The FERC approves the siting of and abandonment of interstate natural gas facilities, including pipelines, storage and liquefied natural gas, but not distribution and retail sales of gasoline and diesel.
If the DOE and the FERC were created to protect US Citizens from energy industries it would only be logical to control and regulate the largest segment of energy consumed by the American public.
Many of you must feel as though the Big 5 oil companies underhandedly control this branch of the Federal Government. If the DOE Act and FERC really do regulate Energy how is it possible for the energy we put into our tanks today not fall under their jurisdiction?
Isn’t it about time we all stand up as one large group this November and say “Enough IS Enough”. Then do the only thing we can do, VOTE TO REGULATE GAS PRICES.
Think about it; then read the testimony of Timothy A Hamilton, before the Senate Judiciary Committee in Washington, DC on February 1, 2006.
Senate Judiciary Committee
Washington, DC February 1, 2006
Mr. Chairman, Honorable Members of the Committee, for the record my
name is Tim Hamilton. I am the Executive Director of AUTO, a non-profit
trade association of independent gasoline wholesalers and retailers that
operate approximately 400 gasoline service stations and convenience
stores in Washington State. I also serve as a consultant in the
industry advising small businesses, trade groups, state government, and
consumer groups such as the Foundation for Taxpayer and Consumer Rights
(FTCR) based in Santa Monica, CA.
My career in the industry began when I bought my first Exxon gasoline
station in 1974 in McCleary, Washington. When I tried to order my first load of gasoline Exxon refused to deliver and our little town experienced the gas lines of the Arab Oil Embargo era previously only seen on television. I subsequently operated a Shell station near Aberdeen where I experienced the reappearance of gas lines a second time in 1980. The last station I operated was a Union 76 station in our state capitol of Olympia.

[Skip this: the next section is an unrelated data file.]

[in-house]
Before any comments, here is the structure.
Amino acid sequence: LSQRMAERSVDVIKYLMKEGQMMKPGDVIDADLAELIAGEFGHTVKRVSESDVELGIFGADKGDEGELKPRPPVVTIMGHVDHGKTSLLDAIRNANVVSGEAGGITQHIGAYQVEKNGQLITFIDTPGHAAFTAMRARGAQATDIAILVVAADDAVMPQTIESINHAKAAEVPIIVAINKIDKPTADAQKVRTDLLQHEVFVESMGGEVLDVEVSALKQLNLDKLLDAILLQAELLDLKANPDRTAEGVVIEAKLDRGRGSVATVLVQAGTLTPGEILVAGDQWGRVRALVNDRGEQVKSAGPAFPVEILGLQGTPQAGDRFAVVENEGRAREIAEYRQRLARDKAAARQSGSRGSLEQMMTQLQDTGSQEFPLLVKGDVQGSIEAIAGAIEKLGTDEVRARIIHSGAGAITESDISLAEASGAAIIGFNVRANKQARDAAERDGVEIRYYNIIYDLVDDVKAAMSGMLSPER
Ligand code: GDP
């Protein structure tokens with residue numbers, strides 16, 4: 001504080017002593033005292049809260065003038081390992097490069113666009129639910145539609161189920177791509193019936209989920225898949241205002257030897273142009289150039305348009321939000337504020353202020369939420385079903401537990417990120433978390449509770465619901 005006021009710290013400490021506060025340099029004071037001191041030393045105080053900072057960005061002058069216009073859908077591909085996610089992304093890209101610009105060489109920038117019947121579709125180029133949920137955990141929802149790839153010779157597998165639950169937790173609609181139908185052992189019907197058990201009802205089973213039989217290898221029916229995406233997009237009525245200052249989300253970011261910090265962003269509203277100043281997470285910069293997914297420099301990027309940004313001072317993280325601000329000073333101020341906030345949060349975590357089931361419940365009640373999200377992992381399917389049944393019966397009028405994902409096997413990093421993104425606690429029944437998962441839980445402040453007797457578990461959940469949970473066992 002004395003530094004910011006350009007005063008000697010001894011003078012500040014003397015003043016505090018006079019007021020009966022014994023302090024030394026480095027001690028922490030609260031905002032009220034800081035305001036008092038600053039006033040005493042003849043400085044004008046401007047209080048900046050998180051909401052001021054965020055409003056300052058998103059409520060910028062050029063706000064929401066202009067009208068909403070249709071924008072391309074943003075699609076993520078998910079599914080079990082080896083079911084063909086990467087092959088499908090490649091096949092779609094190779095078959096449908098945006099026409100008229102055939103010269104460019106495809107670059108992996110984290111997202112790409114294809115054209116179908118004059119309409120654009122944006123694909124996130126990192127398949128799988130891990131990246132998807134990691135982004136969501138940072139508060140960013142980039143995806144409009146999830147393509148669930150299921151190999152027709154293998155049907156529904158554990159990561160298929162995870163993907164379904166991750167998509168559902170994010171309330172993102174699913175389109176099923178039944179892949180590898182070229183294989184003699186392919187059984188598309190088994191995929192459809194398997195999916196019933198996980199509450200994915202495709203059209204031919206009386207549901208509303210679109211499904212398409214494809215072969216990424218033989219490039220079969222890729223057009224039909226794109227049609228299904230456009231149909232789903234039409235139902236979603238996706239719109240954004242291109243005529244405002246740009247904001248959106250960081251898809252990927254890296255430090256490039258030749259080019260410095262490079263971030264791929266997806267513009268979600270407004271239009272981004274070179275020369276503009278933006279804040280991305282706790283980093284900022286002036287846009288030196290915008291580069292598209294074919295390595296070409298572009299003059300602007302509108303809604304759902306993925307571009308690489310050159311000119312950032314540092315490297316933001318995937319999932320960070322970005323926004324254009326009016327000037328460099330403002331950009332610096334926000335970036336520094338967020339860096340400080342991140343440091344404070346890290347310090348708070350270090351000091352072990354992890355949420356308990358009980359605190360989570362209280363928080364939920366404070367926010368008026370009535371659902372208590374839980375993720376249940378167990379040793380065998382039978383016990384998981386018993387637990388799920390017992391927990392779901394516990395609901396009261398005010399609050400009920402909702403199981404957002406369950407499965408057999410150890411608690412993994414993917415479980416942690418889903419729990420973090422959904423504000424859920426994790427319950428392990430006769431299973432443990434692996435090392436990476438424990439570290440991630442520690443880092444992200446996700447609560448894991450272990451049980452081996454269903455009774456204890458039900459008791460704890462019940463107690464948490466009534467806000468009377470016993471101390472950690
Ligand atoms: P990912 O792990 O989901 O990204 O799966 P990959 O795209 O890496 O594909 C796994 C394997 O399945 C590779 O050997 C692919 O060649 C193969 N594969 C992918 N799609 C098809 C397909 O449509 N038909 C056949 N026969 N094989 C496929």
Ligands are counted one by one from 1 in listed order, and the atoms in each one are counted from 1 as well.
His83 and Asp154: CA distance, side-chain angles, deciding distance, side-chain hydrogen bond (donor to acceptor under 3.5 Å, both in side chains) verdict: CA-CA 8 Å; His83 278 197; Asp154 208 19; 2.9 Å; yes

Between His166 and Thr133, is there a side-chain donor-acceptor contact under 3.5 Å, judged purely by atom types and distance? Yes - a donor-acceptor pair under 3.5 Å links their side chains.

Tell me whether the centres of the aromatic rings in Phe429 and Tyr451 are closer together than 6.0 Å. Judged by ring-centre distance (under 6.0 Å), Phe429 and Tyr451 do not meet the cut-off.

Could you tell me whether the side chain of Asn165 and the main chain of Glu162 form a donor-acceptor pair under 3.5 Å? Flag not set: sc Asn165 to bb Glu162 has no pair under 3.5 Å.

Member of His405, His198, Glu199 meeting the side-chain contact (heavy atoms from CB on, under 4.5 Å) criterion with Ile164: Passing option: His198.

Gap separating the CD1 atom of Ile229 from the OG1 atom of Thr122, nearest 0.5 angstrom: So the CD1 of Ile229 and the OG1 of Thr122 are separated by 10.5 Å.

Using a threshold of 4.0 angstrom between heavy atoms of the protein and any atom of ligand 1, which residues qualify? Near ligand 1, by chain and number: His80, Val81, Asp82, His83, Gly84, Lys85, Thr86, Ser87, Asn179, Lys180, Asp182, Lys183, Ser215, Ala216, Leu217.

I appreciate the invitation to testify before the committee. At least in my industry, I believe it extremely important that public policy makers recognize that the federal antitrust laws no longer provide the protections anticipated by its drafters.
Decades of consolidation, regulatory lobbying and legal maneuvering by the industry following federal decontrol in 1981 has resulted in formation of international corporations that dwarf the Standard Oil Trust and other monopolies that gave birth to the antitrust concept. One can hardly criticize the drafters for failing to anticipate the evolution of PC computers, internet communications and other modern technology that currently allows the industry to legally use tacit collusion that nearly mirrors the monopolistic powers of the Standard Oil Trust. The same applies to envisioning that the industry would use environmental initiatives to meet, divide up markets, and create barriers to entry and other anti-competitive institutions.
My career in governmental affairs and public policy began in 1984 when I formed AUTO and lobbied passage of the Washington Gasoline Dealers Bill of Rights (RCW 19.120). Since then I have experienced near continuous interaction in industry litigations, antitrust regulatory actions, and responded to requests for assistance from federal, state, and local elected officials in WA, OR, HI, CA, AZ, NV, MT, MI, and the Provincial Governments in Quebec and Nova Scotia. I sat on the California Attorney General's Task Force on Gasoline Prices and provided expertise to the California Energy Commission.
During regulatory reviews of mergers and acquisitions in the industry, I often interacted with the Merger and Acquisition Division of the FTC. The experience was disturbing as antitrust theories of the FTC often lacked common sense. As an example, one FTC counsel explained to me that if one company controlled every gas station in WA, OR, and CA the FTC would not object and further more, they wouldn't want to even know about it.
The mergers and acquisitions occurring within the petroleum industry has greatly reduced competition between oil companies. The first region to fully feel the effects was the West. The competitive decline created an oligopoly, which is defined as "A market condition in which sellers are so few that the actions of any one of them will materially affect price and have a measurable impact on competitors."
The failure of federal antitrust law to fully consider all the impacts of a worldwide merger has been troubling as well. The review process concentrates on the combined market share created by a consolidation of assets of the two companies in a particular region. If the consolidation exceeds a certain level, divestitures are required to bring the number in line with antitrust review levels adopted in the 80's. Seeming missing from this exercise was recognition that these mergers could create economic incentives for oil companies to create artificial shortages that resulted in regional price spikes that inflated company profits.